[cross posted at my 30dogbookblog]

Meeting Tracy: the “I Save Benjamin’s Life” dog

The second full day was very full, with classes on reviewing commands, redirecting and succeeding with a dog, pack leadership, and really interesting stuff on understanding air flow and how to search to maximize the dog’s sniffing capabilities.  But, on reflection, all that seems overwhelmed by the culminating event at the end of the day (at 7:30ish), when Benjamin met Tracy for the first time. The first meeting was a little teary for several of us – and unbelievably full of energy for a 13 year old boy who had been waiting so long for this dog and for a dog meeting a new friend, with lots of other dogs and people around, too. They are both in the other room now, sleeping next to each other, after Benjamin walked her, played with her, gave her commands, fed her, and worked on the basics of bonding.

What’s obvious even at first reflection is that Tracy is highly trained and will do her jobs well – even though we’ve only seen some basic obedience commands right now.  What’s also obvious is why we’re here: Tracy and Benjamin need to bond and grow in trust with each other, and Benjamin (and the rest of us) need to be trained so that we can handle Tracy properly and maintain her.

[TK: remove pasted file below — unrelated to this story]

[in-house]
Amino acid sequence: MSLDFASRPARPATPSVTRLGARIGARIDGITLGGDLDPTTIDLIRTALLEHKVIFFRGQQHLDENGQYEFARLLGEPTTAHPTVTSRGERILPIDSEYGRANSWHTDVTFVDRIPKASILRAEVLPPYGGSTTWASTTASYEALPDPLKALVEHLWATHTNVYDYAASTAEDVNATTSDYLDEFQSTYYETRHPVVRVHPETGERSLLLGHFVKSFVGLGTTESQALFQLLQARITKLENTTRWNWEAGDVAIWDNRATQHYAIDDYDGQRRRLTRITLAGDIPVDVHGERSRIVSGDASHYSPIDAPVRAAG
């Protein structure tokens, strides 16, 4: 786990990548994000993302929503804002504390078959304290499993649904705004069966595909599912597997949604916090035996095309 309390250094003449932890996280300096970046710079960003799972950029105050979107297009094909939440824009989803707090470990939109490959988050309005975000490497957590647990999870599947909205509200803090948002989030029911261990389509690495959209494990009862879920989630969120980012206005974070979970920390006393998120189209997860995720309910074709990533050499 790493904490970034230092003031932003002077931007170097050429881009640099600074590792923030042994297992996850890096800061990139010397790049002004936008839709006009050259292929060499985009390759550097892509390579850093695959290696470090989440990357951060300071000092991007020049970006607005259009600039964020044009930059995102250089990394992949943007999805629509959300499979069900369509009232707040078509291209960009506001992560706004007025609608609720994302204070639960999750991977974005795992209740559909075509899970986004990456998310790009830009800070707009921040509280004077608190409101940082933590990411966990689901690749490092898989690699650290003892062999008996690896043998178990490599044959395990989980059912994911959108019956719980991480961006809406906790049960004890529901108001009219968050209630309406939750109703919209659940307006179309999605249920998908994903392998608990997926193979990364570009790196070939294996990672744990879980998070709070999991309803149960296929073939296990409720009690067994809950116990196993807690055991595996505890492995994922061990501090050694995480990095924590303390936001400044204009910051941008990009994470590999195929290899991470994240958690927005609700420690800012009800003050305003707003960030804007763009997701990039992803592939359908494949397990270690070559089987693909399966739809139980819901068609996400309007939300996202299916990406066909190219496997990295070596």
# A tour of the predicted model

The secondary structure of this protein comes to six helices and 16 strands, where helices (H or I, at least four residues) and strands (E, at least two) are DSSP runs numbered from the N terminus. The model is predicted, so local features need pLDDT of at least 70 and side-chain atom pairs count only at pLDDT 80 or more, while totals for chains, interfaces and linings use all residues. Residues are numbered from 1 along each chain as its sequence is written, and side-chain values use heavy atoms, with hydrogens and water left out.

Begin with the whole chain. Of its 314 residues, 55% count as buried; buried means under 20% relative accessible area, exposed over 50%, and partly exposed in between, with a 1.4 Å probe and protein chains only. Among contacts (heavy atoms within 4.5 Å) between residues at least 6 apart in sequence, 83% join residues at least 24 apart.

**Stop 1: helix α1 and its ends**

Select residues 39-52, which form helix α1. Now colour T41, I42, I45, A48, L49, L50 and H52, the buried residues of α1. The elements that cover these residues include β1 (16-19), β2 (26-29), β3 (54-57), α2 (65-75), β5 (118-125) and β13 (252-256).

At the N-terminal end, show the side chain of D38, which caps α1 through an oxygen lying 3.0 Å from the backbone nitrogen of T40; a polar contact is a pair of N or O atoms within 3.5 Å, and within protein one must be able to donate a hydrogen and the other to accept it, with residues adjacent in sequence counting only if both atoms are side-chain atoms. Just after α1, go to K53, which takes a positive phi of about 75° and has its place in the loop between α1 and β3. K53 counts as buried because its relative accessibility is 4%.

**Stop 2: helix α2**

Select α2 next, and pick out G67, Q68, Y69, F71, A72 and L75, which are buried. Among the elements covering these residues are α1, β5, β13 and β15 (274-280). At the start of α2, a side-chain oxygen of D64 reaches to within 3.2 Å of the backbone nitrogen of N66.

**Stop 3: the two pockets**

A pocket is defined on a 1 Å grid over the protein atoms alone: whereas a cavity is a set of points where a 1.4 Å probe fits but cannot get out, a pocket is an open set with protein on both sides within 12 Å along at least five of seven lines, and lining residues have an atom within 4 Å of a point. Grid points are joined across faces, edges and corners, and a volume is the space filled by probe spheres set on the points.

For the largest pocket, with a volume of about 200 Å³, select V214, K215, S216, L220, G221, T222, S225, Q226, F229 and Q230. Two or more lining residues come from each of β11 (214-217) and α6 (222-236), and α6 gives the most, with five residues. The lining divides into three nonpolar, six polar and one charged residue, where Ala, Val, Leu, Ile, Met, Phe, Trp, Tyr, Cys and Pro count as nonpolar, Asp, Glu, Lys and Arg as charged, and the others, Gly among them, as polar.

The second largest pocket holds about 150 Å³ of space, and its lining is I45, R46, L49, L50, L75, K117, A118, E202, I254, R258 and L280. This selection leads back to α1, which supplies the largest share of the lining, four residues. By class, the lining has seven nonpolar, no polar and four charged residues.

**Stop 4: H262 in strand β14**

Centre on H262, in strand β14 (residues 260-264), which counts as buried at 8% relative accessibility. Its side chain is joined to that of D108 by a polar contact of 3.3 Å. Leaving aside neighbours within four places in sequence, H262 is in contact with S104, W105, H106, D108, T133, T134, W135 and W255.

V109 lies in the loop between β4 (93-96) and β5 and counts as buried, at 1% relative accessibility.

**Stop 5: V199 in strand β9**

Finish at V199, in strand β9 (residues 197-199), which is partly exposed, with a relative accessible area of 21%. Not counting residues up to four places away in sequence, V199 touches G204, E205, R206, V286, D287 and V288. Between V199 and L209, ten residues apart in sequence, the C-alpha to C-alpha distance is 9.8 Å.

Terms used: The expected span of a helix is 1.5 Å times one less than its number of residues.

Did Tracy pull him and get distracted when he took the leash and walked her? Yes. Was he able to redirect her all the time yet? No. Did she look to her trainer at times rather than Benjamin for commands? Yes, but not always.  Did Tracy and Benjamin already start understanding their commands and rapport better together, such that he could give her a sit/stay or down/stay command and then walk away and do some other things before releasing her? Yes.  And that’s good.

I didn’t ever take Tracy’s leash today, and I barely even got a chance to touch her.  But we don’t want her to think I’m the main one in charge of her.  She’ll need to obey me, but this is Benjamin’s dog. We’re all still figuring out what that means — but one thing the trainers expect is inscribed on a new collar they gave as a gift when he received the dog: The collar reads —  “Tracy: I Save Benjamin’s Life.”